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South Africa: Mandela's Birth Village gets Science and Technology High School
Source: SA - the Good News
Source Date: Friday, November 29, 2013
Country: South Africa
Created: Nov 29, 2013

Despite challenges in delivering building materials to the site because of a lack of infrastructure in the area, made worse during the rainy seasons, the school took just over one year to build. The vast range of construction supplies included around 1,2 million bricks and 18 000 bags of cement.
The Mandela School of Science & Technology is a tribute to Nelson Mandela, who dreamed of a high school in the place of his birth. It will focus on developing interest and knowledge by young people in science and technology, and give learners the option to choose to study science, technology, engineering or agriculture in their last three years of schooling (Grades 10-12).
The school has been built by the parents of some of the children who will attend the school from January next year, or in the future. Most of these adults never went to school themselves. They played an important part in developing the school’s motto: Education is Freedom, inspired by Nelson Mandela’s quote “Education is the most powerful weapon which you can use to change the world”.
In total, about 150 men and women from Mvezo have been employed during the construction of the school. Many of them were trained in different building skills before they started working on the site, and many will finish the construction as skilled labourers.
The Mandela School of Science & Technology has been made possible by a partnership between Siemens, the Department of Basic Education, and the Mvezo Development Trust, which represents the interests of the people of Mvezo.
“We have worked tirelessly together as a team since inception of the project,” says Rita Nkuhlu, executive director at Siemens South Africa and lead executive for the project. “While each partner has a distinct role and responsibility, the cooperation and coordination between us has been vital. We all want the school to be a success and to have a huge impact in the short and longer-terms.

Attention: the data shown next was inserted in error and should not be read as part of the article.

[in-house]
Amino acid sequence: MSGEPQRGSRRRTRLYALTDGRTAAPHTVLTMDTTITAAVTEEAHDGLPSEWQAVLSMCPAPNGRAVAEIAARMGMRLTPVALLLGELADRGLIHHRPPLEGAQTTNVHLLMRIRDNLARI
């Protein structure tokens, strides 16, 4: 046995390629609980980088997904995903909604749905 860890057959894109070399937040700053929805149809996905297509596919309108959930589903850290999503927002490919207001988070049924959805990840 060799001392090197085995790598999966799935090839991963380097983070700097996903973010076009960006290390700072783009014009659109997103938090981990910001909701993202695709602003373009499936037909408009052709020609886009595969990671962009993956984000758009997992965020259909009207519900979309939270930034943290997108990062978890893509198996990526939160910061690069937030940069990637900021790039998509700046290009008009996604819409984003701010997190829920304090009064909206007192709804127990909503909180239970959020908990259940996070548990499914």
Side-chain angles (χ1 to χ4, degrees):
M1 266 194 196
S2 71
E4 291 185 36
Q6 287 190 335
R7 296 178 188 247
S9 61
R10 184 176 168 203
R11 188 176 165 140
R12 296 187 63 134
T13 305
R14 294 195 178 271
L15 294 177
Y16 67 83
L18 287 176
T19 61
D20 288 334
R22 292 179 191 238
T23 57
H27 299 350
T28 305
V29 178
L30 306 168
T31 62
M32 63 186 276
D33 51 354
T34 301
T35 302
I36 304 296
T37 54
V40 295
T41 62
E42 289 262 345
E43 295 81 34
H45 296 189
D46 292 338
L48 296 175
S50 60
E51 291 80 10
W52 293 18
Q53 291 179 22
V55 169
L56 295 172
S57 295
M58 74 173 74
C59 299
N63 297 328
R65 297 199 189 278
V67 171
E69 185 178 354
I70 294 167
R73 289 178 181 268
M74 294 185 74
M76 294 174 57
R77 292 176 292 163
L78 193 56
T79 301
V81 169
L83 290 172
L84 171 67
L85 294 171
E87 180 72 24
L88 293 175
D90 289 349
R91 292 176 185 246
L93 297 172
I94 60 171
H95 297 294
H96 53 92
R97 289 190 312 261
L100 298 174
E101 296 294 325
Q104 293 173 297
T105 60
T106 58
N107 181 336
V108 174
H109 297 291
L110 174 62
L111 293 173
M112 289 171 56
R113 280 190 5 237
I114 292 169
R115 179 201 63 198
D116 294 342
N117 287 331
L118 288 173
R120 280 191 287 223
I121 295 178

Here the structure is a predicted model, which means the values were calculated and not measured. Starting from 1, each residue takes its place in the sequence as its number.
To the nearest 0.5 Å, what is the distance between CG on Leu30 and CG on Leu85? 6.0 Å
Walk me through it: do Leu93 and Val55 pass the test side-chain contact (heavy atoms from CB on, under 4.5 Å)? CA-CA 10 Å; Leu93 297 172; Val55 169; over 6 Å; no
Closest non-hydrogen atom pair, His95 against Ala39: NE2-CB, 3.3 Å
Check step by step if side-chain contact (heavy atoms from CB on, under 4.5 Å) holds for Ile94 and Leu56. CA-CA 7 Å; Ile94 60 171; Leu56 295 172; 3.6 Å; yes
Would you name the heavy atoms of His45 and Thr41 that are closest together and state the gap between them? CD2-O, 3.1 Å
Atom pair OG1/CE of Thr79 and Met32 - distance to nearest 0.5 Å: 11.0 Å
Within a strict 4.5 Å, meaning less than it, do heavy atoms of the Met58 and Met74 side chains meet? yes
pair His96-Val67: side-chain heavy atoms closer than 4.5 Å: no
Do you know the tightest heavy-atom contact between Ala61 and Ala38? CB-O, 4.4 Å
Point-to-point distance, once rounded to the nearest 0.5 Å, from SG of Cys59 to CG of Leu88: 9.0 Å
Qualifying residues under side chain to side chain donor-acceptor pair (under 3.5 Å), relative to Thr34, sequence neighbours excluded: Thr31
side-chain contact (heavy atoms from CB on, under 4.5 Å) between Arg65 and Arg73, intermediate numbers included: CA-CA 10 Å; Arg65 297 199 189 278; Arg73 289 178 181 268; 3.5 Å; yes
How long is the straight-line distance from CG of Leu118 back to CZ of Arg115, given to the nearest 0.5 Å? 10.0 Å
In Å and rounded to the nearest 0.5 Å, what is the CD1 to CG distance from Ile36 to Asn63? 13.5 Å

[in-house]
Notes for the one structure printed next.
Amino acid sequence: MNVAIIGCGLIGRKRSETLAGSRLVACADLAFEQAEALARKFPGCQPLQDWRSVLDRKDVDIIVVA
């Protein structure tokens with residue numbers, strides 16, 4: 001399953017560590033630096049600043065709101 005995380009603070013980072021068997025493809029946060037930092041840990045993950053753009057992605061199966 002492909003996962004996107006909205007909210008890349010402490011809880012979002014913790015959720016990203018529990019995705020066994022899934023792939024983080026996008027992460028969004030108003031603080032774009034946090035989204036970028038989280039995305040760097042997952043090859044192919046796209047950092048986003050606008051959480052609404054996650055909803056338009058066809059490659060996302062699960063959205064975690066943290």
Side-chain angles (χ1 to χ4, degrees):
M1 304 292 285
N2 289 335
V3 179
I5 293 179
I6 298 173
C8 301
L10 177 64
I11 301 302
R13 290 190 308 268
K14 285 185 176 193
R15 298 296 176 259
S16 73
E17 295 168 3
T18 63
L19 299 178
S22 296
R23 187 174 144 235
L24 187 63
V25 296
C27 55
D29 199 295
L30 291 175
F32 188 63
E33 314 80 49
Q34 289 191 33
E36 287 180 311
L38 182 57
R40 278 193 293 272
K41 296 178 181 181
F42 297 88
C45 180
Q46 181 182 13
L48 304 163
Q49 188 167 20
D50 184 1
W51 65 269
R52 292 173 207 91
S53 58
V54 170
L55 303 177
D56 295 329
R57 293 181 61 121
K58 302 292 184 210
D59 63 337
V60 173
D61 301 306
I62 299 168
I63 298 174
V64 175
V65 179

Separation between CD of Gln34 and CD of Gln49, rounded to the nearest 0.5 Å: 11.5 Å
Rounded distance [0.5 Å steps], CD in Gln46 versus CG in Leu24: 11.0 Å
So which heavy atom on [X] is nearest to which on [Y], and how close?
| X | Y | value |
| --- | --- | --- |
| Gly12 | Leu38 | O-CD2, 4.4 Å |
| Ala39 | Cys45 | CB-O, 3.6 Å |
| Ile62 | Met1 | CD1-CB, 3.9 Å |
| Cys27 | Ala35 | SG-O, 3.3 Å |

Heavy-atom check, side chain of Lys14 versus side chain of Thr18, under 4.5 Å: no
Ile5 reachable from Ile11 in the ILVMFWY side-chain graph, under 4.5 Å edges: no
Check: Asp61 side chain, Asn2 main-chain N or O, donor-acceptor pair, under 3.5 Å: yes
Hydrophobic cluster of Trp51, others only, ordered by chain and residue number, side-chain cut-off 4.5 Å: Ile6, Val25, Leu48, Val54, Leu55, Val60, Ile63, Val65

“The facilities at the school are world-class. Around us, in the Eastern Cape region, enormous challenges remain in education. Many high schools do not even have the bare basics, like desks and chairs. This project shows that when the private sector, government and the community pull together and work towards a clearly defined common goal, great things can occur.
“All schools in South Africa should be inspired by the life, work and legacy of Nelson Mandela. The Mandela School of Science & Technology is a tribute to him, and it will become an exemplar for science and technology education in South Africa.”
Construction of the school has already bought economic benefits to the area. As well as the jobs created on site, building materials were sourced from local suppliers, while the management and maintenance of the school will be an ongoing catalyst for job creation. School supplies such as catering are also set to create more jobs for local people.
The school is being developed according to Siemens’ sustainability principles, featuring wind and solar energy, energy efficient lighting, automation systems, rainwater capture and water filtration technologies. Students and the community will be trained to maintain the technology.
The R100-million investment in the Mandela School of Science & Technology is one of the largest corporate donations in South Africa to date.
Says Siegmar Proebstl, Siemens South Africa CEO: “Siemens is a global engineering technology company, and scientists, engineers and technicians across a range of disciplines underpin the continued success of our business. South Africa has a skills crisis, and the lack of qualified science, engineering and technology graduates from its tertiary institutions threatens to curb its development. We need these professionals at Siemens, but the country needs them too - in public agencies, municipalities and business. This is why we have built the Mandela School of Science & Technology in a place where no high school existed until now.”
"Our investment has gone further and deeper than the financial investment. We are partners to government and the people of Mvezo, and we will work with them to ensure the school works, and becomes a precedent for public-private-community partnerships in South Africa.
“Siemens South Africa looks forward to employing youngsters from the school that have gone on to university or technical college and become science, engineering and technology professionals and technicians.”
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